Gastroenterology, the official journal of the AGA Institute, is the most prominent scientific journal in the specialty and is in the top 1 percent of indexed medical journals internationally. The journal publishes clinical and basic science studies of all aspects of the digestive system, including the liver and pancreas, as well as nutrition. The journal is abstracted and indexed in Biological Abstracts, CABS, Chemical Abstracts, Current Contents, Excerpta Medica, Index Medicus, Nutrition Abstracts and Science Citation Index.
Further reports about: > Calorie restriction > Gastroenterology > IHTG > Low-carbohydrate diet > NAFLD > cellular insulin signaling > energy-deficit diet > euglycemic-hyperinsulinemic clamp > hepatic insulin sensitivity > high-carbohydrate diet > intrahepatic triglyceride > liver metabolism > low-carbohydrate energy-deficit diet > magnetic resonance spectroscopy > muscle biopsies > muscle metabolism > non-alcoholic fatty liver disease > skeletal muscle > type 2 diabetes
NIST scientists discover how to switch liver cancer cell growth from 2-D to 3-D structures
17.11.2017 | National Institute of Standards and Technology (NIST)
High speed video recording precisely measures blood cell velocity
15.11.2017 | ITMO University
The formation of stars in distant galaxies is still largely unexplored. For the first time, astron-omers at the University of Geneva have now been able to closely observe a star system six billion light-years away. In doing so, they are confirming earlier simulations made by the University of Zurich. One special effect is made possible by the multiple reflections of images that run through the cosmos like a snake.
Today, astronomers have a pretty accurate idea of how stars were formed in the recent cosmic past. But do these laws also apply to older galaxies? For around a...
Just because someone is smart and well-motivated doesn't mean he or she can learn the visual skills needed to excel at tasks like matching fingerprints, interpreting medical X-rays, keeping track of aircraft on radar displays or forensic face matching.
That is the implication of a new study which shows for the first time that there is a broad range of differences in people's visual ability and that these...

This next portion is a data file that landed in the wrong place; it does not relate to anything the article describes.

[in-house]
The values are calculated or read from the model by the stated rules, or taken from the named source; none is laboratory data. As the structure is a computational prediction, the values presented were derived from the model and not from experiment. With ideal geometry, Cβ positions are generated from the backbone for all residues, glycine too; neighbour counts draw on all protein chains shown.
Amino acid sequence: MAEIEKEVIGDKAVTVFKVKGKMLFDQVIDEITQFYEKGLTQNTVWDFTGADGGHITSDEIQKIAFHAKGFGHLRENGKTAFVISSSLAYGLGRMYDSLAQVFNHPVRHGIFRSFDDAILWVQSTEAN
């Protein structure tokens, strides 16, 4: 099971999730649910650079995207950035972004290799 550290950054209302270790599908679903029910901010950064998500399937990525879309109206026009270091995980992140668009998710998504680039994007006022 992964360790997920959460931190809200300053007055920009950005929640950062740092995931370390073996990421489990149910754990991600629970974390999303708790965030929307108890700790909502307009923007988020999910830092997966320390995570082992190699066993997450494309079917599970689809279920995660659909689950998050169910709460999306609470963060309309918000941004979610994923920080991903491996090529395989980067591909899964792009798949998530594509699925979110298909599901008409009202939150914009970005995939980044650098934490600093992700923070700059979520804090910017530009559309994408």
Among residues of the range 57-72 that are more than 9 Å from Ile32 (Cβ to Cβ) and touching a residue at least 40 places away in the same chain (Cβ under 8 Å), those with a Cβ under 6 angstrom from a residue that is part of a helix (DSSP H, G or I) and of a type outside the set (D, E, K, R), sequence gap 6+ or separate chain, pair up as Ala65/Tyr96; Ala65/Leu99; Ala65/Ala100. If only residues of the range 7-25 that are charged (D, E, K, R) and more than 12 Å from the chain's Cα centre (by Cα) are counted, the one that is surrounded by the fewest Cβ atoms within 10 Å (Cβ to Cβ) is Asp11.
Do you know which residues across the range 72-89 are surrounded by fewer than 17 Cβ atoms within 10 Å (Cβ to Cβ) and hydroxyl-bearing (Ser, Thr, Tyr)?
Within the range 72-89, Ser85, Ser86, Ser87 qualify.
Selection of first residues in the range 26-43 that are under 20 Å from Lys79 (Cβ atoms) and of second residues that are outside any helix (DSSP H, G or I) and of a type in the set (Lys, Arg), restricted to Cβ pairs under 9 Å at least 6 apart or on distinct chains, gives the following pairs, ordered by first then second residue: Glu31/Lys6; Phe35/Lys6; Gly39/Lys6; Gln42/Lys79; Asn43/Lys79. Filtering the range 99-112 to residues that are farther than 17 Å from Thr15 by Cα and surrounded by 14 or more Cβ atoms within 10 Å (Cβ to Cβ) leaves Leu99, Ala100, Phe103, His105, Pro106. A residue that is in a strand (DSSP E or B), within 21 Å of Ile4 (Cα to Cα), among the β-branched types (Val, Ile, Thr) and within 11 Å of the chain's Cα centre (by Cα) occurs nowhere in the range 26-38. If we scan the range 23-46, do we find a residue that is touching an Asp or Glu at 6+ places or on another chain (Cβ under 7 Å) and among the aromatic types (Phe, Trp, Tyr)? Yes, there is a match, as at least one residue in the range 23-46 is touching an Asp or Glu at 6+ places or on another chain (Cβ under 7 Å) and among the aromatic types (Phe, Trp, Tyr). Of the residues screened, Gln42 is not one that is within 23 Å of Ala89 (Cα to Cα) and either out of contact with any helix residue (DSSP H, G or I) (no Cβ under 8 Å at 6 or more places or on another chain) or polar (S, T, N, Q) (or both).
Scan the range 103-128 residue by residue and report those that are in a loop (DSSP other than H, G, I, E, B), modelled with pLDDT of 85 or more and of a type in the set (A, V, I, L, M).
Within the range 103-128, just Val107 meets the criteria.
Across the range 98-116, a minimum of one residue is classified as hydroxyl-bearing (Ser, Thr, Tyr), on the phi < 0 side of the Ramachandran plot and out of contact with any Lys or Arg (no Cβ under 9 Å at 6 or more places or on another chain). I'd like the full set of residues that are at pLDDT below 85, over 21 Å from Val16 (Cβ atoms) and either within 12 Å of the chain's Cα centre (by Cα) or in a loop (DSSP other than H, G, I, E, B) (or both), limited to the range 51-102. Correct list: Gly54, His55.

Computer Tomography (CT) is a standard procedure in hospitals, but so far, the technology has not been suitable for imaging extremely small objects. In PNAS, a team from the Technical University of Munich (TUM) describes a Nano-CT device that creates three-dimensional x-ray images at resolutions up to 100 nanometers. The first test application: Together with colleagues from the University of Kassel and Helmholtz-Zentrum Geesthacht the researchers analyzed the locomotory system of a velvet worm.
During a CT analysis, the object under investigation is x-rayed and a detector measures the respective amount of radiation absorbed from various angles....
The quantum world is fragile; error correction codes are needed to protect the information stored in a quantum object from the deteriorating effects of noise. Quantum physicists in Innsbruck have developed a protocol to pass quantum information between differently encoded building blocks of a future quantum computer, such as processors and memories. Scientists may use this protocol in the future to build a data bus for quantum computers. The researchers have published their work in the journal Nature Communications.
Future quantum computers will be able to solve problems where conventional computers fail today. We are still far away from any large-scale implementation,...
Pillared graphene would transfer heat better if the theoretical material had a few asymmetric junctions that caused wrinkles, according to Rice University...
15.11.2017 | Event News
15.11.2017 | Event News
30.10.2017 | Event News
20.11.2017 | Earth Sciences
20.11.2017 | Physics and Astronomy
17.11.2017 | Physics and Astronomy